but it was likely a game for the Apple IIc, as I found it among related Apple IIc ephemera when I acquired his collection some years ago.
For more hand-drawn video game goodness, check out this VC&G post about my friend's Deadly Towers maps from 2006.
[ Update: 06/03/2013 - I was just talking to my brother, and he thinks that either he drew this alone or I wrote the letters and he drew the numbers. It was either a reference to a Golf game he programmed in C in 1991, or an old Atari 800 golf game that I haven't found yet. I still think it's possible that Chris wrote the letters. ]
Discussion Topic of the Week: Do you ever hand-draw maps for modern video games?
Just today I received an email asking for help in producing an ASCII-art style printed banner for a memorial service that will take place this Saturday, May 11th, 2013. They will be honoring a lifetime IBM veteran who passed away recently at the age of 69.
I have a few ideas on how to do it, but I'm short on time this week, so I'm hoping someone out there can help her. Here is her email (posted with permission):
Hello. My uncle recently passed away quite unexpectedly at the age of 69. We are holding his memorial on Saturday, May 11th. I have been racking my brain on a way to honor him at his memorial. My uncle was a lifetime IBM employee and computer pioneer.
In 1979, when I was 9 years old, he gave me a banner for my birthday. It was from the old dot matrix printers. It had a silhouette of Snoopy on the top of his dog house and it said "Happy Birthday Chimene". I literally thought it was the coolest thing. This was before home computers and home printers for our family. The letters were made with x or o or maybe dashes. Because my brain had no conceptual framework for the world of computers, I literally wondered if it was created by magic.
I would like to have one of these made for my uncle for his memorial. Do you have any idea how I could go about getting this done? I am not tech savvy so I would love to find someone that can do this for me and do it quickly. I know that there would be no better way for me to honor my uncle and I am desperate to find a way to get this done. Any help you can provide would be so greatly appreciated.
Post your suggestions or offers to help in the comments, and Chimene will keep an eye on them. I'll pass along your email address (leave it in the comment form) if she wants to contact you further.
[Update - I helped Chimene construct a banner using "banner" for *nix systems and an old Snoopy ASCII art drawing. She later sent me a photo of the print-out, which she used at the service. ]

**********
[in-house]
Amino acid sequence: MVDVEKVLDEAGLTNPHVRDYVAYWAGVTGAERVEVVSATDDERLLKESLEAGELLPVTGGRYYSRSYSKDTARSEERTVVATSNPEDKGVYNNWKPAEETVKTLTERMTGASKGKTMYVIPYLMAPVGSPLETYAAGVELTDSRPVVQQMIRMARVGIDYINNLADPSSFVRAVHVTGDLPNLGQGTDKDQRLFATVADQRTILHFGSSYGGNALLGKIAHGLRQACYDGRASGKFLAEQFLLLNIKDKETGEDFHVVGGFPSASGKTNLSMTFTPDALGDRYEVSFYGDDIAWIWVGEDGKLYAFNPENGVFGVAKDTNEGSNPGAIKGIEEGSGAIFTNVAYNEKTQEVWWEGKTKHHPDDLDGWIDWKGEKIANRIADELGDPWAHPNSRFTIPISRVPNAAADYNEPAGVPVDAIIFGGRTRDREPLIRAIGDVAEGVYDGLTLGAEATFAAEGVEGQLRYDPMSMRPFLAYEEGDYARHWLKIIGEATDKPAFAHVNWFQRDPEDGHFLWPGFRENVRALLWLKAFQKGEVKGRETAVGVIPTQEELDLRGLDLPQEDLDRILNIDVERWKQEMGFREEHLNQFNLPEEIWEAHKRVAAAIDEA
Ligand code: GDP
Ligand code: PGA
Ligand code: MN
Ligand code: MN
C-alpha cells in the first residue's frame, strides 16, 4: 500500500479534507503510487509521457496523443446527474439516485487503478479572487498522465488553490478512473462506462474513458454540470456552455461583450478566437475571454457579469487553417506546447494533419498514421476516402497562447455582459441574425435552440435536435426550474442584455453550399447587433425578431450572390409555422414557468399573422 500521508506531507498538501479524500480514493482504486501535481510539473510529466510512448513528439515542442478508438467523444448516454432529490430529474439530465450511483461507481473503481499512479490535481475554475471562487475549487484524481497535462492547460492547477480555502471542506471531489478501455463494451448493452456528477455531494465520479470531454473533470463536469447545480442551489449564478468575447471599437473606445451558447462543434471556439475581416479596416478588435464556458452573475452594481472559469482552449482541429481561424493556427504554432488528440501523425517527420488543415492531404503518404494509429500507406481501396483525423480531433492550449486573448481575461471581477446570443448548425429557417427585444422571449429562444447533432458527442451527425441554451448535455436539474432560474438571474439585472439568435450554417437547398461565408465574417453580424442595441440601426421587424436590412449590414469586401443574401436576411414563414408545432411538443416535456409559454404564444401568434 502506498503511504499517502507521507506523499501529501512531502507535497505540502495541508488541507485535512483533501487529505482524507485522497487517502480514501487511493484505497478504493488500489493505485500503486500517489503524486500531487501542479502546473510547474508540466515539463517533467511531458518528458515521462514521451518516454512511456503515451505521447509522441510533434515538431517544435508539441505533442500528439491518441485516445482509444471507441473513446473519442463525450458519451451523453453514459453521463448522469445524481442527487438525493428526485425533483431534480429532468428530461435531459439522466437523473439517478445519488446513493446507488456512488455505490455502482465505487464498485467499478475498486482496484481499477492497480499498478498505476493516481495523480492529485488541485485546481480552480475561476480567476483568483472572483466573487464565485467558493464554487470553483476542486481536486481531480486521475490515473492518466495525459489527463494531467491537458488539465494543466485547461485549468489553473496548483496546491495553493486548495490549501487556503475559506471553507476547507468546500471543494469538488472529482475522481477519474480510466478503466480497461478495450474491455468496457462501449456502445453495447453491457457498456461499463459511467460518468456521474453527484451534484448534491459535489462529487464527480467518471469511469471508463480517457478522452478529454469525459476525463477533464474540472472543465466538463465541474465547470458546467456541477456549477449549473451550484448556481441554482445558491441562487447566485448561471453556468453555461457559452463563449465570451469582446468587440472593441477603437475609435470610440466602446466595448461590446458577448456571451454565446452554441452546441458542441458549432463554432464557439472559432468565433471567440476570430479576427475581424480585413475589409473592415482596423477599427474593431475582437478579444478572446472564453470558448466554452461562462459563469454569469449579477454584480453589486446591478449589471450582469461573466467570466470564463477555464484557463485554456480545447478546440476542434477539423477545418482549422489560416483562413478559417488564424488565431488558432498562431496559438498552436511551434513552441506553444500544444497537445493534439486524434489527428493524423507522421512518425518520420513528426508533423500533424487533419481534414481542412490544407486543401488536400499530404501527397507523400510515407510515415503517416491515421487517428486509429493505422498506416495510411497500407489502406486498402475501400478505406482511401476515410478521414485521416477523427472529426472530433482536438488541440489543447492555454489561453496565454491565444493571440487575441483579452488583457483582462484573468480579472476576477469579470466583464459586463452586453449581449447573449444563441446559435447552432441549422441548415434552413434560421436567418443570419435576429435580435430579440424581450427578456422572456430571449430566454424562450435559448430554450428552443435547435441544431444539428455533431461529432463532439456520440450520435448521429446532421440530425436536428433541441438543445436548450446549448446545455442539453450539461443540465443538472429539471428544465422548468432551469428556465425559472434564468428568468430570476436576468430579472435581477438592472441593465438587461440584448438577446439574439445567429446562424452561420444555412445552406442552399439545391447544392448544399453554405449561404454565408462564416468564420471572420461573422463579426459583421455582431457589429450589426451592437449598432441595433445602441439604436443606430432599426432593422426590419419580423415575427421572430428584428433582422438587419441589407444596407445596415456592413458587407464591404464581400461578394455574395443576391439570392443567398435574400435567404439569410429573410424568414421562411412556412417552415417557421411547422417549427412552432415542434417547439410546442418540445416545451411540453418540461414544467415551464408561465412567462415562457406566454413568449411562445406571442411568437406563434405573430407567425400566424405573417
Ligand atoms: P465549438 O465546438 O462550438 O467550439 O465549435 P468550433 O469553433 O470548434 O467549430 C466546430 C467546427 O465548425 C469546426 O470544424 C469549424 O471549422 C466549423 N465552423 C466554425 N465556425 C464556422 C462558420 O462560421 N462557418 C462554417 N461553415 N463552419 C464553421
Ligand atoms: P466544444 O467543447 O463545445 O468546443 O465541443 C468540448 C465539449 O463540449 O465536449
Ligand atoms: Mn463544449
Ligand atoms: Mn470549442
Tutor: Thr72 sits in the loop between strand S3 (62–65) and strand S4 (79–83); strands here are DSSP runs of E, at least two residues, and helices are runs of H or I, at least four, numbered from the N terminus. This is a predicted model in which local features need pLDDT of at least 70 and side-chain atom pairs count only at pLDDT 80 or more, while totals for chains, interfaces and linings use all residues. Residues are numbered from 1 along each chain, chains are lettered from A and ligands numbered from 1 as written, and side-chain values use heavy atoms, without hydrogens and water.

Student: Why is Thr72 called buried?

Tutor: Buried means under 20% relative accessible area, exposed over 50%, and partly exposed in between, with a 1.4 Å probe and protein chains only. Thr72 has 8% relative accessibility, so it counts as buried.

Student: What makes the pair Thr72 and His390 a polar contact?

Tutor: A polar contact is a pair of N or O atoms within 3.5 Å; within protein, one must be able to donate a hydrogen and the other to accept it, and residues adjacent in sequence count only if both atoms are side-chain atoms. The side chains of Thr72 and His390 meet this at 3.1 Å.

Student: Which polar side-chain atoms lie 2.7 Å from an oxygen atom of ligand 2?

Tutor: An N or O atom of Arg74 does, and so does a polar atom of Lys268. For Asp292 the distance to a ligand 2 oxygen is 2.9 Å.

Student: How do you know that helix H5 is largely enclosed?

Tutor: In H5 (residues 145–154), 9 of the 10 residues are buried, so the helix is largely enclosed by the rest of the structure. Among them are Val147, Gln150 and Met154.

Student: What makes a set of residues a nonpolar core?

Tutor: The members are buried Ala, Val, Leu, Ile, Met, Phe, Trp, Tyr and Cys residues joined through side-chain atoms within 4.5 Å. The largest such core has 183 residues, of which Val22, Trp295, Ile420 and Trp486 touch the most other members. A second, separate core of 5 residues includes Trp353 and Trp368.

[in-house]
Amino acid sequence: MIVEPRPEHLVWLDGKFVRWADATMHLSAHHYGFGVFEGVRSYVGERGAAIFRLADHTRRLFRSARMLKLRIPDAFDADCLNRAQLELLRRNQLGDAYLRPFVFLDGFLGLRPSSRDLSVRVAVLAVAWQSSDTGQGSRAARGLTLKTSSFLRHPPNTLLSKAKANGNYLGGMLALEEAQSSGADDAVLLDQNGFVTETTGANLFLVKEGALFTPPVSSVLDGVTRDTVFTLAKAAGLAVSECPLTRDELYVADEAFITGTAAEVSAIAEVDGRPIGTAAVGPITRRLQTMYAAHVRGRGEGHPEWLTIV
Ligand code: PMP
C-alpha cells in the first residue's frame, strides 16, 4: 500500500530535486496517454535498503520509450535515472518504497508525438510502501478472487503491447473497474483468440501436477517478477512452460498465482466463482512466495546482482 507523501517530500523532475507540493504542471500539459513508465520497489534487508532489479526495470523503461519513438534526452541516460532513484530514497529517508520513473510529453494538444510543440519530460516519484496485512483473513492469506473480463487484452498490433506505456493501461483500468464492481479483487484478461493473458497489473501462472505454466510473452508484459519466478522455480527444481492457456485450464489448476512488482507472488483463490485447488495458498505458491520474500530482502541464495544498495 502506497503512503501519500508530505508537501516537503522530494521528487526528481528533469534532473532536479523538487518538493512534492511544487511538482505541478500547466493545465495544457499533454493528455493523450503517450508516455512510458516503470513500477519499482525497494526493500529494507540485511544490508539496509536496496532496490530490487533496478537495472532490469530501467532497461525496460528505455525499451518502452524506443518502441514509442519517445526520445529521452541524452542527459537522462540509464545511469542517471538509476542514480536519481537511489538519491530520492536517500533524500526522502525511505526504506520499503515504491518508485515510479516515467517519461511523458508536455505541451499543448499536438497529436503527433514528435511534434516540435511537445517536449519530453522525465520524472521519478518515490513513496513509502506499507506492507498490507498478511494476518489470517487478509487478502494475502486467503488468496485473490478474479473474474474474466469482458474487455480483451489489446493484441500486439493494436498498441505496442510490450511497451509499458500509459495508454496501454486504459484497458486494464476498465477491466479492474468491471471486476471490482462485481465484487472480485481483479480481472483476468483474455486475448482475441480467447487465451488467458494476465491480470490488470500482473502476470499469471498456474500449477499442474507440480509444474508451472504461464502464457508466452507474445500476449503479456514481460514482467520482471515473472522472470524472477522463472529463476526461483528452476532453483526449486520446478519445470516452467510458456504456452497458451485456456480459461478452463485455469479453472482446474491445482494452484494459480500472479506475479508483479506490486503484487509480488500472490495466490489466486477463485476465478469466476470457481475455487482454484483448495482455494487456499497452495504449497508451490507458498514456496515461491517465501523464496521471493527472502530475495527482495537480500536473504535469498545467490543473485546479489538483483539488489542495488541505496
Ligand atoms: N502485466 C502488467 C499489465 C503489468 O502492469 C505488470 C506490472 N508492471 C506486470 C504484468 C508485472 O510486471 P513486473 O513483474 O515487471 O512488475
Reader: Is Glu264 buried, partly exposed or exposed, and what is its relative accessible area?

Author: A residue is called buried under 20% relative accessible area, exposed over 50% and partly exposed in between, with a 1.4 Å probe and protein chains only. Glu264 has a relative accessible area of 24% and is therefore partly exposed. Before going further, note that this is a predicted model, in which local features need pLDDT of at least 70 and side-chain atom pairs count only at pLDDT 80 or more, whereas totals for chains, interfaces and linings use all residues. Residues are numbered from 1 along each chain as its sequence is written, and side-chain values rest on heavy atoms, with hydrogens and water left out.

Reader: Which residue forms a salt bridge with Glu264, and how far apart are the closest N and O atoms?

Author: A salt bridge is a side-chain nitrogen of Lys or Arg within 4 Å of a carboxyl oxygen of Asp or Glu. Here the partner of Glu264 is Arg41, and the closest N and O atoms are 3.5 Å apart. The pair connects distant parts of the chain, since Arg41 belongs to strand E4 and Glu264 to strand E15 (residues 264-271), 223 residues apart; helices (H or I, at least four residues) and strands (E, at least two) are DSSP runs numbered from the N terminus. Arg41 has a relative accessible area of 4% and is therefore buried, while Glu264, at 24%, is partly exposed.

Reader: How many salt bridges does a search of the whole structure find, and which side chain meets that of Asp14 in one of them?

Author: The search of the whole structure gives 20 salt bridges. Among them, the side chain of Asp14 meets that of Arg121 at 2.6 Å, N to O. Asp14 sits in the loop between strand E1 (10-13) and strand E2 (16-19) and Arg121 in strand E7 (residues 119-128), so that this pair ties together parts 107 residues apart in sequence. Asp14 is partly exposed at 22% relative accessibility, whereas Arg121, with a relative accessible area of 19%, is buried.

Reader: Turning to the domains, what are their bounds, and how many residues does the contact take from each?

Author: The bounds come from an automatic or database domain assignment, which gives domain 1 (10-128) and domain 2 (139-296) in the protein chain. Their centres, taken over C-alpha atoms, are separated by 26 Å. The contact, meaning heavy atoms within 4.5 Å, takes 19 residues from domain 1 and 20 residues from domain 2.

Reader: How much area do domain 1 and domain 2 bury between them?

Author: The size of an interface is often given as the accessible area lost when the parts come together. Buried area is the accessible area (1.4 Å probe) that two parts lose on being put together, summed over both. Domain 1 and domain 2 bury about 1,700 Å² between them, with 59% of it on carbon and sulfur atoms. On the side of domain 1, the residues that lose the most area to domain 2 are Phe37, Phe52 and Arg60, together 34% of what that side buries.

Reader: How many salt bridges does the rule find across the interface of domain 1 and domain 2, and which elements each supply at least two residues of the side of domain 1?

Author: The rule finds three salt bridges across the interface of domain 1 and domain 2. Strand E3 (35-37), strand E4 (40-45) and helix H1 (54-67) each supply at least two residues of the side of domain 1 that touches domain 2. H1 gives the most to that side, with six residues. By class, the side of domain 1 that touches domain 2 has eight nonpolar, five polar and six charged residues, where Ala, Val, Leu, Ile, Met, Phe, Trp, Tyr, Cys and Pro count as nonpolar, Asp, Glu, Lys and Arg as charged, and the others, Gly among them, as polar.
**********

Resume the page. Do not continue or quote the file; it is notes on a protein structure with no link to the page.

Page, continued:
Back in January, I wrote an article about the world's earliest known figurative computer art for The Atlantic. It it is also likely the world's first digital computer artwork as well.
(Check out this timeline of computer art history to get an idea where this piece fits in.)
The only known physical record of this circa 1956-58 pin-up diagnostic, which ran on SAGE computer systems, comes from a Polaroid photograph snapped by U.S. airman Lawrence A. Tipton in early 1959. Tipton retains the original print, although it will likely go to a museum soon (more on that when it happens).
The digital image of the photo used in my Atlantic article was provided by Tipton to a SAGE historian over a decade ago. It was previously the highest-quality version of the photo I had access to, and that posed a few problems. Someone (likely Tipton himself) had hastily retouched the image, removing various scratches, and it was not presented in a high enough resolution to examine in detail.
To remedy that, Tipton was kind enough to make a high resolution scan of the original print and mail it to me on CD-ROM back in February. With his permission, I am providing the high-resolution scan of the pin-up console photo unretouched and unmodified below so that (a) others may learn from it and (b) to ensure that our only record of this important achievement in art is not lost.
In ye olden days, BBS sysops often tagged image files that came within their possession with makeshift ads for their BBSes, as can be seen here on this image of Marvel's Colossus. The BBS in this case is "The Users's Choice BBS," which sysop Martin Scolero ran in Indianapolis, Indiana between 1990 and 1996. (That info is courtesy a historical BBS list created by Jason Scott.)